This is my Blog.

It's full of opinions on a wide range of stuff.

Understanding the State Monad

After recently tweeting about trampolines in Scala, I was subsequently asked about the state monad, as the paper from the tweet talks about implementing State in terms of Free. So then, it seemed only reasonable to write up a quick post about how to use the "normal" State[S,A] monad in Scalaz.

For the sake of this post, we will be implementing a process that is no doubt familiar to anyone who has ever driven, ran, cycled or otherwise on a highway: the ubiquitous traffic light - using the UK signalling semantics, obviously. These traffic signals are just rotating through a set of finite states: red to amber, amber to green and so forth. In this way, the light has a given state, and it can move between certain states but not others, and if the light malfunctions it needs to revert to flashing red lights to act as a stop sign. This could of course be implemented using mutable state to keep track of the currently enabled lights etc, but that would suck. The scalaz.State monad allows us to model these state transitions in an immutable fashion, and transparently - but intuitively - thread that state through the computation. Let's get cracking!

Algebraic data types: we gots' em'

So, first up, let's construct a super simple ADT set that models the various parts of a traffic light: colour aspects, modes of operations, and the states of a given signal display set:

sealed trait Aspect
case object Green extends Aspect
case object Amber extends Aspect
case object Red   extends Aspect

sealed trait Mode
case object Off      extends Mode
case object Flashing extends Mode
case object Solid    extends Mode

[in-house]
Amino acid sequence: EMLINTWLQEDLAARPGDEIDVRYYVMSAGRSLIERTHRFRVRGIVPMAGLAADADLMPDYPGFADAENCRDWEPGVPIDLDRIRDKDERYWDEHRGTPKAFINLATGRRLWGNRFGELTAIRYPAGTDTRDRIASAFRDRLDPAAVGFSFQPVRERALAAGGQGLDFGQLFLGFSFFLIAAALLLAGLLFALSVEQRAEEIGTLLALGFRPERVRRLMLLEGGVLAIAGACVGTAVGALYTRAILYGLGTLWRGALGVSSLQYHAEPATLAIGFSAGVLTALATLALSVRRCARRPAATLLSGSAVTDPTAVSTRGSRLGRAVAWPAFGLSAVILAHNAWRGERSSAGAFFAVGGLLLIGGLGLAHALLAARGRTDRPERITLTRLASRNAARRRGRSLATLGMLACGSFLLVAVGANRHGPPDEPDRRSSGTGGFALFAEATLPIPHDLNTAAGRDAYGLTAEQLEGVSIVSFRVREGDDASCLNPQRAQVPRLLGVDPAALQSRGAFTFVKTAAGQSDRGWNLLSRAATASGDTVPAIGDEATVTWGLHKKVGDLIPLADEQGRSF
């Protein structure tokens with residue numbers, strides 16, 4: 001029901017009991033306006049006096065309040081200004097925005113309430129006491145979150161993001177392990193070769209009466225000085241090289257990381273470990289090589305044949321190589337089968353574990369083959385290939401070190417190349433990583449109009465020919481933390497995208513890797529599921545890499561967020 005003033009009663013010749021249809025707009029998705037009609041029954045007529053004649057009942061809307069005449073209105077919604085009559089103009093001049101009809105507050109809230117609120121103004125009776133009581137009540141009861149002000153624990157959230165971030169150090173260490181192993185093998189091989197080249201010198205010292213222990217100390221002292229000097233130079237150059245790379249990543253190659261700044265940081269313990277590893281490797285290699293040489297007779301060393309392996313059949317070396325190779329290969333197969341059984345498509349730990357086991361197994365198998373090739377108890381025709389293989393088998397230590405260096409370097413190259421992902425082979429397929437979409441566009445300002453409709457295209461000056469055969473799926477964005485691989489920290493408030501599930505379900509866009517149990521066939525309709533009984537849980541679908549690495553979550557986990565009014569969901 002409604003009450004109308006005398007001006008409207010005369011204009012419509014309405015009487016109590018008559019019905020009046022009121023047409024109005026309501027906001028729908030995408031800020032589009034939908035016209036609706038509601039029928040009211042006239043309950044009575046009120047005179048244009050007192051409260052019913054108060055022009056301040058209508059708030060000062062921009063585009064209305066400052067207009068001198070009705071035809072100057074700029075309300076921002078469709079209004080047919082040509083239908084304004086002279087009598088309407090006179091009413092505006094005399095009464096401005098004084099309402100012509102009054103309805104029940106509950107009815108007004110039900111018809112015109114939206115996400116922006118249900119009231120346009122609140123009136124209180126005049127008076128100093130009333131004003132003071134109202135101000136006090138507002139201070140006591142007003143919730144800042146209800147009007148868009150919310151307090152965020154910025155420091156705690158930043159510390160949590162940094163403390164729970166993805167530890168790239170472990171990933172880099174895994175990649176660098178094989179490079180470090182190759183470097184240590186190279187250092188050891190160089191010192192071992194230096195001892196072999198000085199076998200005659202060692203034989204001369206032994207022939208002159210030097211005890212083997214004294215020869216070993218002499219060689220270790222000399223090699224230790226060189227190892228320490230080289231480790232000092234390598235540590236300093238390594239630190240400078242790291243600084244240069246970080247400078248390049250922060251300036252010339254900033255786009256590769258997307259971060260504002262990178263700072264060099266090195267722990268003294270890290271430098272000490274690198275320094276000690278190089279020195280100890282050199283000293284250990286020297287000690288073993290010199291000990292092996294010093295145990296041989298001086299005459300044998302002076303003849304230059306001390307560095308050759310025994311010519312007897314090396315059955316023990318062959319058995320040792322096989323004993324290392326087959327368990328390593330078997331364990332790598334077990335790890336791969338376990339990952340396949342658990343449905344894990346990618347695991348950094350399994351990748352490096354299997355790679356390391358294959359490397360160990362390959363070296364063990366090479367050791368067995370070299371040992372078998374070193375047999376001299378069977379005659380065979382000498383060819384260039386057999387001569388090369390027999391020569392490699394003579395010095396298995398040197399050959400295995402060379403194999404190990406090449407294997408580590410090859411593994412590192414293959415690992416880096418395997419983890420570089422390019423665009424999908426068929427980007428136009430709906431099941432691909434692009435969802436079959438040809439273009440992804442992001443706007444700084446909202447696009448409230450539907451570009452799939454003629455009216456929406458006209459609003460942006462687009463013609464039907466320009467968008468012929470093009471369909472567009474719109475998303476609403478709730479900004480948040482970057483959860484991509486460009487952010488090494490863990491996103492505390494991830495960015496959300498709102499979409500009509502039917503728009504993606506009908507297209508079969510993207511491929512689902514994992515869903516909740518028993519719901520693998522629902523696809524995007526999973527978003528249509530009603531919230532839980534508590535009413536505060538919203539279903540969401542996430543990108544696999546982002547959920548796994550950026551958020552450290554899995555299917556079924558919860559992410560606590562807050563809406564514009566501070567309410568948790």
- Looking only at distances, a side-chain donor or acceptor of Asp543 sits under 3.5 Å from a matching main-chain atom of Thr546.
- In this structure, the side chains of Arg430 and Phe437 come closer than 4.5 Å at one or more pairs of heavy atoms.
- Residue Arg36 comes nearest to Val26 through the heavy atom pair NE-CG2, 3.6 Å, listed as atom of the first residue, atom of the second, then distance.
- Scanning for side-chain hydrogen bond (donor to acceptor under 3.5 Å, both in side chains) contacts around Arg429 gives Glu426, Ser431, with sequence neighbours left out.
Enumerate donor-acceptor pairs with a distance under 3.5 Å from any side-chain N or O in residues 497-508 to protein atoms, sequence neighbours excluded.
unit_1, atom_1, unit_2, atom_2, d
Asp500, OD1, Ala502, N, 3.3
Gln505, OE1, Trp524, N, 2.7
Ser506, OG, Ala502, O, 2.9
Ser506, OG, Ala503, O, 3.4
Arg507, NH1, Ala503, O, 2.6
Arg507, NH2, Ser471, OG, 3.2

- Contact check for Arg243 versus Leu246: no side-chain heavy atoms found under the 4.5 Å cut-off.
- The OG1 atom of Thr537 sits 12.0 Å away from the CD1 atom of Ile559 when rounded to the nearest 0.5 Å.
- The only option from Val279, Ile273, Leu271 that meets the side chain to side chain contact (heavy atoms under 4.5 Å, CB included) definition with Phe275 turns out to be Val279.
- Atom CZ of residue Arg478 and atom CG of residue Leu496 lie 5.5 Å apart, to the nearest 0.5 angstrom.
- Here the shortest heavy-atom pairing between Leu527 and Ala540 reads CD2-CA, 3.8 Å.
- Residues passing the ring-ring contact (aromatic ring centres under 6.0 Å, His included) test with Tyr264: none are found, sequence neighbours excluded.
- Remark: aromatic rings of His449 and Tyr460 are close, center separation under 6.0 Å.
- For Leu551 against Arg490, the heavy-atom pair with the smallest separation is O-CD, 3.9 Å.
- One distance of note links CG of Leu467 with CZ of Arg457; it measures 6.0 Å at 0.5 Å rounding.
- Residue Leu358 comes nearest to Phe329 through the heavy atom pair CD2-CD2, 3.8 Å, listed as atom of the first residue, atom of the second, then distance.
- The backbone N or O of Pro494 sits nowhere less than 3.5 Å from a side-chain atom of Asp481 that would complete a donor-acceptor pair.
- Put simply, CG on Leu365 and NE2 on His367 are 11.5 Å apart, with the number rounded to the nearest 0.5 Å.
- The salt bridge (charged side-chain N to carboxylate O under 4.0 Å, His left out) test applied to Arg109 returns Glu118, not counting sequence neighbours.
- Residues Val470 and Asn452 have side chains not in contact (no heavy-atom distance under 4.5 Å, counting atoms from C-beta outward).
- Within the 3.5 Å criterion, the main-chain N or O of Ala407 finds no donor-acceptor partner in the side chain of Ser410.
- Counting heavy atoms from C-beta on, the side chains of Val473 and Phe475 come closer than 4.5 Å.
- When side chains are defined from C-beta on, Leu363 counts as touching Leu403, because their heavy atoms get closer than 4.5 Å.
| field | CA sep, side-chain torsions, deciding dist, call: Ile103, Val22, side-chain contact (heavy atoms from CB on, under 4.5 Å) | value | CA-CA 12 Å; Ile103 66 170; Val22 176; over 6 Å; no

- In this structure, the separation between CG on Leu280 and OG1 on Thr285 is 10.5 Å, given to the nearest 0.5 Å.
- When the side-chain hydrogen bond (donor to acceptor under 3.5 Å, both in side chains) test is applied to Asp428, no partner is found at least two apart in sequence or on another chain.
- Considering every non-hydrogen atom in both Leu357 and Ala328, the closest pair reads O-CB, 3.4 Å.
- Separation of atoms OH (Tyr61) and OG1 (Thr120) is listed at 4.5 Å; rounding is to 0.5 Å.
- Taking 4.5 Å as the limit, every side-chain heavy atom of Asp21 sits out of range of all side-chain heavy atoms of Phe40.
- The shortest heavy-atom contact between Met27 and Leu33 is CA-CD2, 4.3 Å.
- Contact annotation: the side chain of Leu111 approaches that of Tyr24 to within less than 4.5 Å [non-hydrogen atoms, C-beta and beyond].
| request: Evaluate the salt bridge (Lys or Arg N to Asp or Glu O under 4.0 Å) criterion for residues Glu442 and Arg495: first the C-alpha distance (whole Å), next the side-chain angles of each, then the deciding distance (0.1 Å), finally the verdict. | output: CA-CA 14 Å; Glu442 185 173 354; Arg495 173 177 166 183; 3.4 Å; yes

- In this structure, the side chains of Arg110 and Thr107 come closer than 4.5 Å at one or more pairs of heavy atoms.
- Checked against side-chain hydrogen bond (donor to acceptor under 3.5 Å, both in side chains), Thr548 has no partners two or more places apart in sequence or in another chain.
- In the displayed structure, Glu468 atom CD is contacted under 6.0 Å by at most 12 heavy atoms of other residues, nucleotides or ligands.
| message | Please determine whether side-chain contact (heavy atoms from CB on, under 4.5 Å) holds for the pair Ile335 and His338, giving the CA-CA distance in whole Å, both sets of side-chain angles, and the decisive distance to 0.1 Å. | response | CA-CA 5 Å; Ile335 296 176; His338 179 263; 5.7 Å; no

// represents the actual display set: must be enabled before 
// it can be used. 
case class Signal(
    isOperational: Boolean, 
    display: Map[Aspect, Mode])

object Signal {
  import scalaz.syntax.state._
  import scalaz.State, State._

  // just a lil' bit of sugar to use later on.
  type ->[A,B] = (A,B)

  // convenience alias as all state ops here will deal
  // with signal state.
  type SignalState[A] = State[Signal,A]

  // dysfunctional lights revert to their flashing 
  // red lights to act as a stop sign to keep folks safe.
  val default = Signal(
    isOperational = false, 
    display = Map(Red -> Flashing, Amber -> Off, Green -> Off))

}

This is the shell of the work right here, so now we just need to get to the meat of the matter and implement the state transitioning functions.

Enabling Signals

Let's start by assuming that the signal is entirely disabled, so we need to make it operational:

def enable: State[Signal, Boolean] = 
  for {
    a <- init
    _ <- modify((s: Signal) => s.copy(isOperational = true))
    r <- get
  } yield r.isOperational

This block of code firstly (i.e. the first generator of the comprehension) initialises the State. It's purpose in life is simply that: no more and no less - it gives you the "context" for the stateful computation, so to speak. This can easily be comprehended by looking at the definition in the Scalaz source:

// State.scala in scalaz
def init[S]: State[S, S] = State(s => (s, s))

It just lifts the S into the State constructor. Simple. The next line in the comprehension is the one doing the actual work of modifying the state, which in this case is a Signal instance. As you can see, its just accepting a function that takes a given Signal and sets the isOperational value. Internally, the State monad machinery applies this function to the given Signal instance that is being operated on. This example is of course trivial, but i will show later why this is even useful. Finally, the get method is also from State, and is defined to read the current state, whatever that might be: